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When Microsoft (MSFT) - Get Microsoft Corporation Report reports its latest quarterly earnings later today, you will hear all kinds of short-term noise regarding the stock. Did the company make Wall Street earnings estimates? Is it announcing a large stock buyback?

When the announcement happens, shortly after the markets close here in New York, expect the stock price to zig and zag. But look beyond the moment at the actual numbers. In particular, look closely at revenue, not net income (which analysts expect to be 42 cents a share, according to

First Call/Thomson Financial

). Mister Softee can manage its bottom line with the best of them, which makes net income a somewhat elastic benchmark for investors. This is, after all, supposed to be one of the great growth companies.

Let's remember what has taken Microsoft down since late December: Investors have become increasingly concerned that the company's growth is slowing as the computer users move steadily away from a desktop-PC-based world to an Internet-based one. An investor should ask, Is that negative trend about to change for the software giant?

So far, there is no sign of a trend reversal.

Let's remember that it was only April 12 when

Goldman Sachs


Rick Sherlund lowered his March-quarter revenue estimates for the company. At that time, Microsoft was still on Goldman's recommended list. It was off the list 12 days later, after the company reported disappointing quarterly revenue and warned investors to lower their expectations for the next year.

In that April 24 report, Sherlund wrote, "Revenues of $5.66 billion were below Street consensus estimates of $5.95 billion and also below our recently revised estimate of $5.75 billion.... We have reduced revenue growth to 16% for fiscal 2001," which he termed "disappointing in a year of relatively good new-product cycles for MSFT."

Mister (Very) Softee
Microsoft vs. the Nasdaq Composite Index, six months

Sherlund in that report reduced the June-quarter revenue estimates to a range of $5.84 billion to $6 billion from $6.17 billion. Why? Slowing corporate demand for PCs was the main reason.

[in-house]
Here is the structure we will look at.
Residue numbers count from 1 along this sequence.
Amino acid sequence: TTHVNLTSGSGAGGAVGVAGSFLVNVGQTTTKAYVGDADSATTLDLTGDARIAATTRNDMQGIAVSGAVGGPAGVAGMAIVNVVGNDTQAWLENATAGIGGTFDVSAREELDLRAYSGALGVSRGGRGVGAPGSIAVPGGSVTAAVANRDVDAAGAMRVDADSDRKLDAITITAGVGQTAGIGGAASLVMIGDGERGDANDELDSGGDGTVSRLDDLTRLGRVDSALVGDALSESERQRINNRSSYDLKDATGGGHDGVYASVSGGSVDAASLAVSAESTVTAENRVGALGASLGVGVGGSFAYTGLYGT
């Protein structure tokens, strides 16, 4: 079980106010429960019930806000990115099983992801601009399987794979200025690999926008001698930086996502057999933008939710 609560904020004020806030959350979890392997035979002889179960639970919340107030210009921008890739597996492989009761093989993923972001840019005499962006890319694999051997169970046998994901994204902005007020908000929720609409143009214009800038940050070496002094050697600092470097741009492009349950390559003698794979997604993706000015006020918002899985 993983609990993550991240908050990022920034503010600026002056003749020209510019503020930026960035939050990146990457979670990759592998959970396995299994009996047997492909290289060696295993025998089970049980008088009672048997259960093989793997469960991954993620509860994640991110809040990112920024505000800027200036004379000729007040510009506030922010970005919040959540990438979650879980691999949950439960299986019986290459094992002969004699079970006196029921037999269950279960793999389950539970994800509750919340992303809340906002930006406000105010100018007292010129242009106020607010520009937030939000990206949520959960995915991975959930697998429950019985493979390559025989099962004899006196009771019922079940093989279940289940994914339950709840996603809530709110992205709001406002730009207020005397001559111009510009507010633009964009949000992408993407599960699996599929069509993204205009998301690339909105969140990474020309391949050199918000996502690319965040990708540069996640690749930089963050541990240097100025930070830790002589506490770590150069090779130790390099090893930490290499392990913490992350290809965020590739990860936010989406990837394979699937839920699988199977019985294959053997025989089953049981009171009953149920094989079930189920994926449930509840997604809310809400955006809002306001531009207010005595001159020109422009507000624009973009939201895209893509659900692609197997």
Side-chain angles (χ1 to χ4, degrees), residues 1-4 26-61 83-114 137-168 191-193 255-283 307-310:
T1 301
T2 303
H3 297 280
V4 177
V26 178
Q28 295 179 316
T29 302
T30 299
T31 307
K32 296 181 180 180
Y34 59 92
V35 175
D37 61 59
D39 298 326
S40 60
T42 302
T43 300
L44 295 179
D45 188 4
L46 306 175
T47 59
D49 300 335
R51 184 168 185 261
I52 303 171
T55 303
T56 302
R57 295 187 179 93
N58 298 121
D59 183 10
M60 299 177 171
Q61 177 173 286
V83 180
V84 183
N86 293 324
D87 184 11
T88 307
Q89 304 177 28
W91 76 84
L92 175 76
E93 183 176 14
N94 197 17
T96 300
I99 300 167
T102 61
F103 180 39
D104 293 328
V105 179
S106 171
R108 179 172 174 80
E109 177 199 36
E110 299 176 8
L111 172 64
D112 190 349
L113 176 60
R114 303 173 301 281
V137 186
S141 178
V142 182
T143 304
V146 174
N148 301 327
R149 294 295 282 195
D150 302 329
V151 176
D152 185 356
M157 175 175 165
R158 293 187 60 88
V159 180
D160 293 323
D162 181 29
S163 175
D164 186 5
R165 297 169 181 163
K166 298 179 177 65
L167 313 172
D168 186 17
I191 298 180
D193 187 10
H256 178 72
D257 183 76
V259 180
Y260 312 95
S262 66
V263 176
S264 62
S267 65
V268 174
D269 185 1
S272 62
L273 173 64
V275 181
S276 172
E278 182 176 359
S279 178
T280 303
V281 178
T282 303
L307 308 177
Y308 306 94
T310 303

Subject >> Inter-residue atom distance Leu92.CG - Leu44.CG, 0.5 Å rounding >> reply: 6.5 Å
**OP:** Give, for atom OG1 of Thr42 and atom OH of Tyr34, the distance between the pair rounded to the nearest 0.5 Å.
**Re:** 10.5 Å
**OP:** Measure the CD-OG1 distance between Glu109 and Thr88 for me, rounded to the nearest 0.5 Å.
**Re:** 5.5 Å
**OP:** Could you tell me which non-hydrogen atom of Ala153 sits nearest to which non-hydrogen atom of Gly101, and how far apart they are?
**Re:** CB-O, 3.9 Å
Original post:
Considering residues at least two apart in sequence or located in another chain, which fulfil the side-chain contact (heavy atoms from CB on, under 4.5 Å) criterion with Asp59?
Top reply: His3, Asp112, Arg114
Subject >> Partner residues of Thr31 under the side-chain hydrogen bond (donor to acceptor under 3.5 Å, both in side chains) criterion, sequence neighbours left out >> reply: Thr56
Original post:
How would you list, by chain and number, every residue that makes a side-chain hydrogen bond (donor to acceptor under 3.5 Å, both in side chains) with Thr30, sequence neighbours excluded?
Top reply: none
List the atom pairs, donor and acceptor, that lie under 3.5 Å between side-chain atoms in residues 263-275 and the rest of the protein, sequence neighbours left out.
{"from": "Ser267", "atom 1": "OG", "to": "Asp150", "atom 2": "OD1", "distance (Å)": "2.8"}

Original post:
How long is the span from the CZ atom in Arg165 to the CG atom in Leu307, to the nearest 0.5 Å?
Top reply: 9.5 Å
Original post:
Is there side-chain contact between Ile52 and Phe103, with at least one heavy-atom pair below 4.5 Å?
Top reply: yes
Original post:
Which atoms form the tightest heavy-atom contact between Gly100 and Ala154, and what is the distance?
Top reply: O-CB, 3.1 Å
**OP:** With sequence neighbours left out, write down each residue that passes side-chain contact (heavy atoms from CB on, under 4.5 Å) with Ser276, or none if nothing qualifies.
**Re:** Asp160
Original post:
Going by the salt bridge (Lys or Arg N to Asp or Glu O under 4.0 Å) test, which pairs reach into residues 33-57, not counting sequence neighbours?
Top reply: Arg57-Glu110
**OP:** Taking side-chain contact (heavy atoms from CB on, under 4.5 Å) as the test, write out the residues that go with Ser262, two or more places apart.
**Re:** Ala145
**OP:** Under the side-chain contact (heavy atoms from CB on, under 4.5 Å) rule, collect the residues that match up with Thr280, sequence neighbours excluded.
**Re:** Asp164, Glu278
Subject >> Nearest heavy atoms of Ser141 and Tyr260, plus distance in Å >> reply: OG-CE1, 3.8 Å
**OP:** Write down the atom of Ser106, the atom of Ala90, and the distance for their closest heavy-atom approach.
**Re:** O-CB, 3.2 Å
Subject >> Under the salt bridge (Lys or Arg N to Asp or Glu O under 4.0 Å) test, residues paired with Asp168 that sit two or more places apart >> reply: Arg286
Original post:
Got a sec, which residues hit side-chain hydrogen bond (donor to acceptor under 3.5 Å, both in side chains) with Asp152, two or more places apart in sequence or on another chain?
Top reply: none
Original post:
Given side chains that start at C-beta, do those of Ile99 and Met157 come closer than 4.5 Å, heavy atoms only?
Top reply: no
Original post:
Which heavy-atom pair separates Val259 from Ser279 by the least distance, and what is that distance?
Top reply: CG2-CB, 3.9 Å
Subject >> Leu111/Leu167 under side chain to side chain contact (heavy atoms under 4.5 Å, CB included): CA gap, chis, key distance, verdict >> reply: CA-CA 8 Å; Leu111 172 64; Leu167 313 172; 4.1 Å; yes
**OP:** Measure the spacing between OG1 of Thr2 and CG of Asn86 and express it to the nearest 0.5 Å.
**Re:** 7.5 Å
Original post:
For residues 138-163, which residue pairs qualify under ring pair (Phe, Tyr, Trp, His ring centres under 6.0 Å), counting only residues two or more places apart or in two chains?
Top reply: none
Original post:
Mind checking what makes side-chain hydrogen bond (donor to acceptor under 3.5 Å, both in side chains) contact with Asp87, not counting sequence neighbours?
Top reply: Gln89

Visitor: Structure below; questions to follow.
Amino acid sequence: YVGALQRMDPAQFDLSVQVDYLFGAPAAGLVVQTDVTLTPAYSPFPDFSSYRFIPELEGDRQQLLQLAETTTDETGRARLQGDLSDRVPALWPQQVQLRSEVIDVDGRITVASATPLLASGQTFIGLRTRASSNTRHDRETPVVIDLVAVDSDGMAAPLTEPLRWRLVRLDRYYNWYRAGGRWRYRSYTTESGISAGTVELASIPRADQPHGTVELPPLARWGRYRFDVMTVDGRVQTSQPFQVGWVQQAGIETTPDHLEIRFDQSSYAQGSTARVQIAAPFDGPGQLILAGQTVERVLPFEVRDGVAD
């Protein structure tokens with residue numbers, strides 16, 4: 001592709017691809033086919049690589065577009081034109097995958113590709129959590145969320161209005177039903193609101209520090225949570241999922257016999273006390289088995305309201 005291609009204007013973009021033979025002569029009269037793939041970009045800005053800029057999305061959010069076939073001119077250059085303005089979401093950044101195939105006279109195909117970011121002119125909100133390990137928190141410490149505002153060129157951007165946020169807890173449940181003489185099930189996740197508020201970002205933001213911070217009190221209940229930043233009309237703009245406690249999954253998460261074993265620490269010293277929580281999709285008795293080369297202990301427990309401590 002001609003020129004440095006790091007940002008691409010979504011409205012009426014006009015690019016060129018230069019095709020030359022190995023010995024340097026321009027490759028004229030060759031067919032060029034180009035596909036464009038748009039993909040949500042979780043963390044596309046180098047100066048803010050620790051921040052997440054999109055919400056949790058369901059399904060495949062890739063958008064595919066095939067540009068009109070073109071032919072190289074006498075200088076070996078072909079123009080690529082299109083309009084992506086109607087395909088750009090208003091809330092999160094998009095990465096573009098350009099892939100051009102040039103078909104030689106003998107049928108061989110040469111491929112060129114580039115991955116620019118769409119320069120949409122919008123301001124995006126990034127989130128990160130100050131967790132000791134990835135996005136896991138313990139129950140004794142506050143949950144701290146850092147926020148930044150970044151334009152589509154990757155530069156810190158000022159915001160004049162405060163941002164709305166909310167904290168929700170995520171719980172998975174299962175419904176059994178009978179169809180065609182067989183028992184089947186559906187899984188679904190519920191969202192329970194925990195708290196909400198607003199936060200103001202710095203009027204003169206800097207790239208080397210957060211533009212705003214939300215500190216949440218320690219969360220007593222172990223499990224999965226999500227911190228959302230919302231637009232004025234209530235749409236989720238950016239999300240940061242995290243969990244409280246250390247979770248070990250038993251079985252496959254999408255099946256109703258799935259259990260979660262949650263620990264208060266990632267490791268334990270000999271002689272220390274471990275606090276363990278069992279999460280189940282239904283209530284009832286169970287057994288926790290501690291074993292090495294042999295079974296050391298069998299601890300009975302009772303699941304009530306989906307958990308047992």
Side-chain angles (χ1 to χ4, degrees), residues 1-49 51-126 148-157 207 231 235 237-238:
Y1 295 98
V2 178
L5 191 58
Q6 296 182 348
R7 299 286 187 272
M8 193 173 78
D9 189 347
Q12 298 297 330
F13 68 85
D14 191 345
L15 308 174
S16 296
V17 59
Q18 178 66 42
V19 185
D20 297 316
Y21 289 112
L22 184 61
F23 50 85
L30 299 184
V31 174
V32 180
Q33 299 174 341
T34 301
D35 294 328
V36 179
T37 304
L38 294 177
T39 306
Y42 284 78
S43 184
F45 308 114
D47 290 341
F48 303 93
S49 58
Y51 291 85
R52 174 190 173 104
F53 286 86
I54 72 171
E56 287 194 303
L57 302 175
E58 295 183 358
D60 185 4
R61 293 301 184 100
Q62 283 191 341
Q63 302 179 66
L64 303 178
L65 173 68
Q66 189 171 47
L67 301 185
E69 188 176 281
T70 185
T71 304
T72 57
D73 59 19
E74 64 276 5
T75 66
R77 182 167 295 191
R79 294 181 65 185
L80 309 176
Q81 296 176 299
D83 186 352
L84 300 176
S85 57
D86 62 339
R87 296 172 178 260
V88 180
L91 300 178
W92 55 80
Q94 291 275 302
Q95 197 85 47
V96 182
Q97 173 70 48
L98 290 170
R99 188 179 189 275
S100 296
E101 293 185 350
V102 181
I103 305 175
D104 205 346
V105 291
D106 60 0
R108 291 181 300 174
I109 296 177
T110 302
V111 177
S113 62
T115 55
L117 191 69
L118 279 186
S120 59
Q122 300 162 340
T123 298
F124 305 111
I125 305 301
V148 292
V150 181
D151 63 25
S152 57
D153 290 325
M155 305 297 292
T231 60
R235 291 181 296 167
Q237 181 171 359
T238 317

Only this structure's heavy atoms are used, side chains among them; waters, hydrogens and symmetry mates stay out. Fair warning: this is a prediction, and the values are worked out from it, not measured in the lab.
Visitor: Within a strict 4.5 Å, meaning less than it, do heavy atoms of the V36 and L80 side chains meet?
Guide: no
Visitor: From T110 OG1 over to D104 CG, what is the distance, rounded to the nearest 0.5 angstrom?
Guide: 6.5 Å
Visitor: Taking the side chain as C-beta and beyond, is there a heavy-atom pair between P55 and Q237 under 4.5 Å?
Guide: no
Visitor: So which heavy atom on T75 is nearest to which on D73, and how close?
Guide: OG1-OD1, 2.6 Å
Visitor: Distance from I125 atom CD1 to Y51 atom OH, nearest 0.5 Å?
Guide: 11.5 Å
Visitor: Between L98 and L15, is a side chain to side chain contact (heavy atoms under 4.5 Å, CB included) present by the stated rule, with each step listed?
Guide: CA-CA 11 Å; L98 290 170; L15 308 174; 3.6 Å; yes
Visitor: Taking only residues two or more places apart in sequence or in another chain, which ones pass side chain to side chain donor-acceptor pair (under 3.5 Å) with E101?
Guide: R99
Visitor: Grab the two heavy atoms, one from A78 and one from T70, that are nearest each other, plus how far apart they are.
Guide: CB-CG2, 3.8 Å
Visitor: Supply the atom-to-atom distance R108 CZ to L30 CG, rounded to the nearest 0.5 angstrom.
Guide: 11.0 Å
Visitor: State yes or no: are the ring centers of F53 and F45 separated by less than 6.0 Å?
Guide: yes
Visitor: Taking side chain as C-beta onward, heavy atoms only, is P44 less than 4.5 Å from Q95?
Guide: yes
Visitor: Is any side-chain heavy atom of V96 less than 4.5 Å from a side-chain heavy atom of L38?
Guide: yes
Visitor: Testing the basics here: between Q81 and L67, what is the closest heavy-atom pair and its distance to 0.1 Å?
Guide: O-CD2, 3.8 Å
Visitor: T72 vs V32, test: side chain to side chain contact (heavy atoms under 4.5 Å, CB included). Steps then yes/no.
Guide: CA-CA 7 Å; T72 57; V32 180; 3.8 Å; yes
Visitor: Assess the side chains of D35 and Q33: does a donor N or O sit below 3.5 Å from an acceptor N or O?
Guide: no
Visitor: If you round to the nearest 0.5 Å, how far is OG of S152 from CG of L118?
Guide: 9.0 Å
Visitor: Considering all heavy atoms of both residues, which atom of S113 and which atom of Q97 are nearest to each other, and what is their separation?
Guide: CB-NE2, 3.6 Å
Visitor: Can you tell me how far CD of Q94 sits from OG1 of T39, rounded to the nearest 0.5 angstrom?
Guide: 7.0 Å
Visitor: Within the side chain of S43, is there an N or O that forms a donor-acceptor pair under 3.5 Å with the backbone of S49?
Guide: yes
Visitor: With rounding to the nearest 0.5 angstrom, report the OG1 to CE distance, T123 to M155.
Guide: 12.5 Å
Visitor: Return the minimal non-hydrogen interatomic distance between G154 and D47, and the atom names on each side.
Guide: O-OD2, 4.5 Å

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"It is our view that the corporate market is maturing at a much faster rate than the consumer market, with negative implications for Microsoft's revenue growth," he wrote. "There is an increasing risk that Microsoft might atrophy on the PC platform as


did on the mainframe platform, while robust growth shifts to hand-held and wireless devices."

His report crushed the stock, dropping the shares to the 65-to-68 level. That is below its current trading range, which suggests that weak news today could take the stock down again.

Since his damaging report, Microsoft's big new software product, Windows 2000, has gotten off to a slower-than-expected start. Why? That old bugaboo -- slowing corporate demand for PCs.

In June, the stock rallied from the low 60s to its current trading range. And

Bill Gates

has announced a new Internet strategy to analysts and the media. ('s

Adam Lashinsky

examined the new direction in a

June 22 column.) But it is just a plan.

In his most recent report, dated July 12, Sherlund writes, "The stock has benefited from a relief rally following the conclusion of the antitrust case that has now moved on to the appeals process, and is likely a back-burner issue for a year or more. To get the stock materially higher from here, we would anticipate that investors will need to see evidence that business is actually beginning to accelerate."

So look for revenue growth, or the lack thereof, later today when Microsoft reports. The stock might go up on the news or it might go down, but top-line growth is the wheat amid all the chaff.